The UK’s Data Protection Regulator’s (ICO) draft guidance on Consent clearly states:
Consent requires a positive opt-in. Don’t use pre-ticked boxes or any other method of consent by default.
The ICO has stressed the following:
• Consent must be named, i.e. third parties with whom the data may be shared with must be specifically named. Simply providing categories of third parties will not be acceptable.
• Consent should be granular, i.e. separate consent should be obtained for independent processing operations
• Consent mustn’t be a pre-condition and should not be bundled in with Terms & Conditions
• Consent should only be relied upon if;
– there is no other lawful basis for processing
– you can give individuals a genuine choice
– when you are required to have consent i.e. for electronic marketing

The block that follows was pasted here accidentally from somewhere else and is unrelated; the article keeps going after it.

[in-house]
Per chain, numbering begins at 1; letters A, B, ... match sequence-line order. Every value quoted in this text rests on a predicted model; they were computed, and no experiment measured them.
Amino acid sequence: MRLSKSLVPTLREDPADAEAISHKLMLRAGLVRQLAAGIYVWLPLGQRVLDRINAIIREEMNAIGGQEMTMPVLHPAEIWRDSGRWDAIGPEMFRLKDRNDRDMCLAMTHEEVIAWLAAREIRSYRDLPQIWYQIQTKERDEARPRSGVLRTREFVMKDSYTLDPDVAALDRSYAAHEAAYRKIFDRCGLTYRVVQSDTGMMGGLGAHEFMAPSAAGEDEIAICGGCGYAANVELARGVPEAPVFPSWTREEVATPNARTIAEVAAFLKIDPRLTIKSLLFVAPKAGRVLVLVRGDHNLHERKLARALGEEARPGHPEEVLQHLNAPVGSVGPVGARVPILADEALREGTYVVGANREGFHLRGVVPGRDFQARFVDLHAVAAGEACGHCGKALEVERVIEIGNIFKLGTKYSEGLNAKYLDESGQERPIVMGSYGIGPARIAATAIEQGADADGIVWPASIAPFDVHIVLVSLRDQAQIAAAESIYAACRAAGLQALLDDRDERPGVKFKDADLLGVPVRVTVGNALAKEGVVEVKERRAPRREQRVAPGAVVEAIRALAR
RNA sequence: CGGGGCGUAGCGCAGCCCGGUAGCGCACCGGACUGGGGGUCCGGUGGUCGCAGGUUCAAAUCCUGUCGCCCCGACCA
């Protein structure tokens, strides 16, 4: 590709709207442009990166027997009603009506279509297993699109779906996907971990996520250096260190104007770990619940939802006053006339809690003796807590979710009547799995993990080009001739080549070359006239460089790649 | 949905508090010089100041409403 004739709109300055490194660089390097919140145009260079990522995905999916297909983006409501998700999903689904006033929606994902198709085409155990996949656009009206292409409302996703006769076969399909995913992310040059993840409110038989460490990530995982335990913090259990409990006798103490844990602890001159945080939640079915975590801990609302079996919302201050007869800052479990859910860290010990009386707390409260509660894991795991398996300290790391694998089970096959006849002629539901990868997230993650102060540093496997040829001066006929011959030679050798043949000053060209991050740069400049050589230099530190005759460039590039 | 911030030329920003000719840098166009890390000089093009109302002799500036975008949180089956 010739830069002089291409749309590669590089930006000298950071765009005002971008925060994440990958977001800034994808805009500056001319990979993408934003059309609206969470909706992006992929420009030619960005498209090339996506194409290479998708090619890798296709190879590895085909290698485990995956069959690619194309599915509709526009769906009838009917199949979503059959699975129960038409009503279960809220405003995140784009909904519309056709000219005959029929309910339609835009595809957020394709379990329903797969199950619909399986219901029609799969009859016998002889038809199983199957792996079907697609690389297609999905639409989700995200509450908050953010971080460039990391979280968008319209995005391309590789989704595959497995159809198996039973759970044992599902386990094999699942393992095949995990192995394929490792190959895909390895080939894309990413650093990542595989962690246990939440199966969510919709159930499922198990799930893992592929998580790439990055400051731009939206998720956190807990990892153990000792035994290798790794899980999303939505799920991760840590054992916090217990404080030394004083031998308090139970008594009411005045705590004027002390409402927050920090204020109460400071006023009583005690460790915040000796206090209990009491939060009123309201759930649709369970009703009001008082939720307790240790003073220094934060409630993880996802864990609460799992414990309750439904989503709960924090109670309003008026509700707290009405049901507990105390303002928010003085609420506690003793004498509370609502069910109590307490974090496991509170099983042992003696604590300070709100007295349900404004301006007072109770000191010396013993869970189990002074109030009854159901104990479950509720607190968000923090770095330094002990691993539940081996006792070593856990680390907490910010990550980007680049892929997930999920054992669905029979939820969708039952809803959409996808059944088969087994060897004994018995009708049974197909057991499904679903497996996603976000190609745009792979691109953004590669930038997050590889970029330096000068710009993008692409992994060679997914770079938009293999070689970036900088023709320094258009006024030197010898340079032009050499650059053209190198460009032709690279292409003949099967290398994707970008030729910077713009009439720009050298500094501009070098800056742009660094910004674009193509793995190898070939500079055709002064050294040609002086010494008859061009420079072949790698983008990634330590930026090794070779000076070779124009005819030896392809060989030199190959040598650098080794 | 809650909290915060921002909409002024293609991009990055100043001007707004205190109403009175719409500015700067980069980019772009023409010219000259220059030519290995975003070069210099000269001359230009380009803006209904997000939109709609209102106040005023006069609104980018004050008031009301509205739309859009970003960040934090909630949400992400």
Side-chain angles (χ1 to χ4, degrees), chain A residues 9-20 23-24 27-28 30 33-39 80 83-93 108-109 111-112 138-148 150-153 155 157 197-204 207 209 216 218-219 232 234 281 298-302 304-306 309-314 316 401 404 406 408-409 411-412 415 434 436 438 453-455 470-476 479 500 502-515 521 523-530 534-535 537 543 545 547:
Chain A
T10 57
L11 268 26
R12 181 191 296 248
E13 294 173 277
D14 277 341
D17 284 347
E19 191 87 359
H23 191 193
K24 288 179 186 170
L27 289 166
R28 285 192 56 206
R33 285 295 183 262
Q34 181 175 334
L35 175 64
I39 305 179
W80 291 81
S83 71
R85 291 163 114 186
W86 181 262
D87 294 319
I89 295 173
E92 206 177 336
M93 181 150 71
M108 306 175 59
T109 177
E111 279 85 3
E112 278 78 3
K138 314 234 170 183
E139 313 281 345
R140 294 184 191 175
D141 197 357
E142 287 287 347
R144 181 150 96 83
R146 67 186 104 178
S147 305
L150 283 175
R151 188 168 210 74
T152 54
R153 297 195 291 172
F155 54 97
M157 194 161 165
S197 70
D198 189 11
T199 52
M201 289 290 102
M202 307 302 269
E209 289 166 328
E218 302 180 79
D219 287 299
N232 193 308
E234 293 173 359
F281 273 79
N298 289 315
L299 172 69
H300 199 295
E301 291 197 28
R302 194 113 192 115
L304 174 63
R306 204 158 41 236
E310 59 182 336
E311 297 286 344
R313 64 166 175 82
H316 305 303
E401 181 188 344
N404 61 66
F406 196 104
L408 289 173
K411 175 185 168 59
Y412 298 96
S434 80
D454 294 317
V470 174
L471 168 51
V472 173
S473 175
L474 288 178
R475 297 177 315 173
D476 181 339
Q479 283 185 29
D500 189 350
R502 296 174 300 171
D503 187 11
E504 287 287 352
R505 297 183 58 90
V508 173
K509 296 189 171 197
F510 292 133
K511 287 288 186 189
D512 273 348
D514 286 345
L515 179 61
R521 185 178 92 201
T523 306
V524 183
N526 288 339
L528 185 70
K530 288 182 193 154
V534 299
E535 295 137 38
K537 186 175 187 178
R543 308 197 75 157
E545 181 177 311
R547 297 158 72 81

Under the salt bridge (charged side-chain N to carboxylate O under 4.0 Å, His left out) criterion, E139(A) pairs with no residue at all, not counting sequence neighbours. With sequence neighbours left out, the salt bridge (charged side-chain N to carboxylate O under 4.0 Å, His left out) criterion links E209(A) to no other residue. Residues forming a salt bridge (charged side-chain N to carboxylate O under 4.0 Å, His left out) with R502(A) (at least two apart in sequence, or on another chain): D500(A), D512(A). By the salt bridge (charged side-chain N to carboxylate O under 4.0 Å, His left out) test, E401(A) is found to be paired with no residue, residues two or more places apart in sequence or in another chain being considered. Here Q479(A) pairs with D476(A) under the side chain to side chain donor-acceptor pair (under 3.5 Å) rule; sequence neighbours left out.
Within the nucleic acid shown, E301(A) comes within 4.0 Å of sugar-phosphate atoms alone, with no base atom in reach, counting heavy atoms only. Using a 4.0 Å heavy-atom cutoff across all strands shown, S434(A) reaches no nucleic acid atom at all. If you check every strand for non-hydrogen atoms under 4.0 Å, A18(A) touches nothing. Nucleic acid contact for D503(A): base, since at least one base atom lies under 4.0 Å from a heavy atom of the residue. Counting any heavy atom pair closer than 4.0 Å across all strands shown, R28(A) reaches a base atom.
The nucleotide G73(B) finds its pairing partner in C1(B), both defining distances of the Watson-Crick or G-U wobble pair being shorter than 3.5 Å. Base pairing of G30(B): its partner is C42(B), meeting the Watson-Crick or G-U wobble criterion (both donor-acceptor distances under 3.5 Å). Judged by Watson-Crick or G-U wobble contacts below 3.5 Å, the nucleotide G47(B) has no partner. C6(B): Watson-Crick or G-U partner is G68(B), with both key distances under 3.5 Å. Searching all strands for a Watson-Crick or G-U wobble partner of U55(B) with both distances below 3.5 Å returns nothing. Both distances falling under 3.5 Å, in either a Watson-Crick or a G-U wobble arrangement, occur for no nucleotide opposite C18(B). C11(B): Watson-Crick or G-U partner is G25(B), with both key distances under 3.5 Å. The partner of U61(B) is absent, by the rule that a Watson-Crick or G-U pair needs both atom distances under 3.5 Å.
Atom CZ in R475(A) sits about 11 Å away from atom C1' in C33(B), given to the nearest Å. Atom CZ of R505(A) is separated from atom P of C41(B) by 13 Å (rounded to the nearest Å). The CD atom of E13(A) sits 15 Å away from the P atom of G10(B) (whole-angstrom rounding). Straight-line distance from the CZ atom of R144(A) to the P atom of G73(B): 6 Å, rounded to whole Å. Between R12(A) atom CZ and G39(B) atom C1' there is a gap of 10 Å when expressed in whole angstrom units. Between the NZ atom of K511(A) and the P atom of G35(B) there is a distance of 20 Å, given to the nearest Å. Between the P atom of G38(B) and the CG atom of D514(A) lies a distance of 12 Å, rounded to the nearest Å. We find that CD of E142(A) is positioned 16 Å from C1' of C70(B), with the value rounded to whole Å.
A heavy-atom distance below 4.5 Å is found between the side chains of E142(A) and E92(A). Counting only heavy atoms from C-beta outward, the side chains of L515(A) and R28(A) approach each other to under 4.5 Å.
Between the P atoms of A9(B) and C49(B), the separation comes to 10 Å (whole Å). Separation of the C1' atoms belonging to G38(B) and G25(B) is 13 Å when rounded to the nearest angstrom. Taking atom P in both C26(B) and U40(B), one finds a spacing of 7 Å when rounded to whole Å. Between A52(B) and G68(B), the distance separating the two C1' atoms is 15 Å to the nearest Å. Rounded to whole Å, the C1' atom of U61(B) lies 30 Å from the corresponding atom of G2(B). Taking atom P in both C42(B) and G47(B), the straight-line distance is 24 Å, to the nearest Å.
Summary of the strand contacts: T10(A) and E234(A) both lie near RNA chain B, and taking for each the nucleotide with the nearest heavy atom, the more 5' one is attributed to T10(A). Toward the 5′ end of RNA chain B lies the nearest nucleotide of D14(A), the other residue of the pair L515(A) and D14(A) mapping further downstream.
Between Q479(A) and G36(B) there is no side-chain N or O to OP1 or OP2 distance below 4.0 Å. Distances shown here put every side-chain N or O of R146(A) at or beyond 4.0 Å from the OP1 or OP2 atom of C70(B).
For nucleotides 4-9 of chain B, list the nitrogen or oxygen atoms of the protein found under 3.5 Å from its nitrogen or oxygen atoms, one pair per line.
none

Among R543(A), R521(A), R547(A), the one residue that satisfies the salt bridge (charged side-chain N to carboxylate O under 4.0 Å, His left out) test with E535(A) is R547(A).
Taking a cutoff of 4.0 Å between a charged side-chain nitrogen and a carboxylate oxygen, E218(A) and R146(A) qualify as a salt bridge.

The final text of the proposed Regulation on Privacy and Electronic Communications is anticipated later this year. ePrivacy Regulation – what can we expect?
LEGITIMATE INTERESTS as a legal ground for processing personal information
To offer support to the ICO and in the spirit of Industry and Regulator partnership, the Data Protection Network (DPN) has published guidance for commercial and not-for-profit organisations on the use of Legitimate Interests under the General Data Protection Regulation (GDPR). View DPN’s Legitimate Interests Guidance
The ICO’s draft guidance on Consent states:
consent is one lawful basis for processing, but there are five others. Consent won’t always be the easiest or most appropriate.
When considering whether you can rely on Legitimate Interests, organisations should be aware of four key factors: